Question for you. If you have a $100 item before tax, but the final cost after sales tax is $130, how much sales tax is being charged?
A. 23% (The Fair Tax answer)
B. 30% (As this book states)
With out fiat currency, why tax at all? Just spend and let inflation take care of the tax? That would be the fairest tax and most efficient.
Depends, who’s receiving the tax money? If the federal gubmint sees 23% of that $100, then their tax rate is 23%. If the final bill is $130 on an item that costs $100, and the Fair Tax is 23%, then it stands to reason the state sales tax is 7%.
All I’m saying is, the explanation in the book promo contains spin. I’m not promoting the Fair Tax. I think it’s a bad idea because it’s a disincentive for consumption, which is the sole generator of tax revenue under the plan.
Under the fair tax, the government gets all $30 and calls it a 23% tax. They arrive at their rate by stating the tax as a percentage of the after tax cost, 23% of $130. It is the fairtaxers who spin. I was not including any state tax in my example.
I am a fervent believer that most local services should be privatized
Find someone who declares 80-100K gross income on his/her taxes, who also has two dependents under 17 and a mortgage over 150K. Ask them what their effective federal tax rate is, on that 80-100K they earn. It's not 23% - it's more like 15% or less, after they get done claiming all of their federal deductions. A flat tax of 20+% will cost them dearly, and provide yet another government deterrent to the Traditional American Nuclear Family.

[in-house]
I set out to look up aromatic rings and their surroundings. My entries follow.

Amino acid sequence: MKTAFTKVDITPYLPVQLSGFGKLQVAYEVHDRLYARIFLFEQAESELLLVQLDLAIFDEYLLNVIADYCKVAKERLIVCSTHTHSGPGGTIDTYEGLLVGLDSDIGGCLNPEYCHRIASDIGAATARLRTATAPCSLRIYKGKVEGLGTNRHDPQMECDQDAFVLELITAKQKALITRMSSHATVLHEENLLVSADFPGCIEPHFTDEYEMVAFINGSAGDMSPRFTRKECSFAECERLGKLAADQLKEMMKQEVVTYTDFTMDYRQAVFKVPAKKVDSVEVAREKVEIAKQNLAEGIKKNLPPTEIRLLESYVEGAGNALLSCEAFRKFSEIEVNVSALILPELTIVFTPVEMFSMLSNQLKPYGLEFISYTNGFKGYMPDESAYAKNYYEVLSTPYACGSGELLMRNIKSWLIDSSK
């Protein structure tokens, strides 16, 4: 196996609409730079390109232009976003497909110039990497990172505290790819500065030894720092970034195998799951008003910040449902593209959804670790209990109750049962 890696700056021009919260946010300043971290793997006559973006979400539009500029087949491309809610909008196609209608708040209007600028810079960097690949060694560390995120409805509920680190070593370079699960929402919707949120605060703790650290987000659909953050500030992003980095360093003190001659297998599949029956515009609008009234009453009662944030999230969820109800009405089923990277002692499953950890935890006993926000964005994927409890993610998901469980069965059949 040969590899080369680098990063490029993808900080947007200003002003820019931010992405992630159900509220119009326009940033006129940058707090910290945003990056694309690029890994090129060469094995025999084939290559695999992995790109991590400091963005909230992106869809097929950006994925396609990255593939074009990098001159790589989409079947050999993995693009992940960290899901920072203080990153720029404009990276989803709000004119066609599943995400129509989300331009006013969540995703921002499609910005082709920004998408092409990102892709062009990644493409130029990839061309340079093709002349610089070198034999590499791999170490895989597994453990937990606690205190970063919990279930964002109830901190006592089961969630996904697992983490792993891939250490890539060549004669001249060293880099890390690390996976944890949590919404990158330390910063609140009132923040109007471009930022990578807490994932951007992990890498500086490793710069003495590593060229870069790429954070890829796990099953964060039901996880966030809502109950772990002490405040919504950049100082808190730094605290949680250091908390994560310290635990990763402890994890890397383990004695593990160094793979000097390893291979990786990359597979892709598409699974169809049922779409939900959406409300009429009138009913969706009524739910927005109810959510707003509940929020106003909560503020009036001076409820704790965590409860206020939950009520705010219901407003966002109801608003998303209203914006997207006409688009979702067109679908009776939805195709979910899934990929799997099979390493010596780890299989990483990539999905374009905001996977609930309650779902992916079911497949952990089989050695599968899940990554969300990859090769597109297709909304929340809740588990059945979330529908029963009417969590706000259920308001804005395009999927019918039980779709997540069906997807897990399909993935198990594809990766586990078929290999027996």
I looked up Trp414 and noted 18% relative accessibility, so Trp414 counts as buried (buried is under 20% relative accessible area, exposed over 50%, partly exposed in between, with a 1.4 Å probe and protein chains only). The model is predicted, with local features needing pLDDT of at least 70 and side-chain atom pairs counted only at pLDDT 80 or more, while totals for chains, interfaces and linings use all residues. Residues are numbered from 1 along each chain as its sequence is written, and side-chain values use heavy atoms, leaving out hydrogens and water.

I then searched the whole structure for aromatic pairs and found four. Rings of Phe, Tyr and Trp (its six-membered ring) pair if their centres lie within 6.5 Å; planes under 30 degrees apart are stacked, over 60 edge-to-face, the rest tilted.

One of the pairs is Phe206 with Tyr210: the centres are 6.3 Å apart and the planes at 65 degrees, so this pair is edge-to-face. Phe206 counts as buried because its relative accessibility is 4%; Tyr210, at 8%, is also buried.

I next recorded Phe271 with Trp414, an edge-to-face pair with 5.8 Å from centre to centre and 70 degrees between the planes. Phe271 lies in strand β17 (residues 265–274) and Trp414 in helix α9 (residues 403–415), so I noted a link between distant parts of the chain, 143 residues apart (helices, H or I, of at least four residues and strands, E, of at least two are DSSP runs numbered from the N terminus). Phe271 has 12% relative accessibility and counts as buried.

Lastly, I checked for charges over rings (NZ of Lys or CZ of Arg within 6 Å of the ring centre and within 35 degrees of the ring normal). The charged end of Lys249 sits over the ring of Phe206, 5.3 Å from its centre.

As a former employer of mine once told me, "take a good look at the income tax laws, before you tell me there's no such thing as social engineering."
Most of them are here on FR
Any less than the income tax is a disincentive for working?
Fair Tax ping.
You certainly have.
Lately, I’ve been thinking that, at this moment, in the midst of a rapidly expanding federal government and a rapidly shrinking private sector, the FT would be a disaster.
I like your line of thinking. What would be an even better formula is this:
Amount of Fed Budget a State receives = Amount that state pays
Then leave it up to the State to figure out how to pay/tax its poeple.
Effect would be reduction of earmarks/state budget because the politician’s state / citizens are on the hook to pay the money back thereby reducing amount of money requested/required each year.
2. States with high liabilities pay more taxes ie NY or CA
Just a thought.
The concept of property tax as discussed at groundswellusa has several issues.
The most important issue is the tax on the “improvement” to the land. Unfortunately ALL “improvements” to the land depreciate over time so based on external market factors affecting the depreciation rate will adversely impact the “amount” of tax able to be collected, etc. Also it will disproportionately tax people people higher rates for artificially inflated property values from the wonderful stupid programs like CRA.
Land is the only that potentially has the potential to appreciate over the long-haul. Land will depreciate if it has become polluted, etc...but generally will appreciate in value over the long haul.
One small problem with the “land-rent” scenario...who would maintain their properties anymore? It would be better to let your property slide to accelerate depreciation to improve your tax position...once that starts to happen entire regions will suffer.
People will move to new locations and repeat and eventually we will just end up with sub-par real estate and massively depressed areas and no taxes.
Another side effect will be small postage stamp size parcels of land that will be build upon. The whole notion of owning land will become a thing of the past. Land is there here all right...but it is the key to the people maintaining the power over our corrupt government...the last thing we want to do is open the door so the government will ultimately control how much land we will be able to own.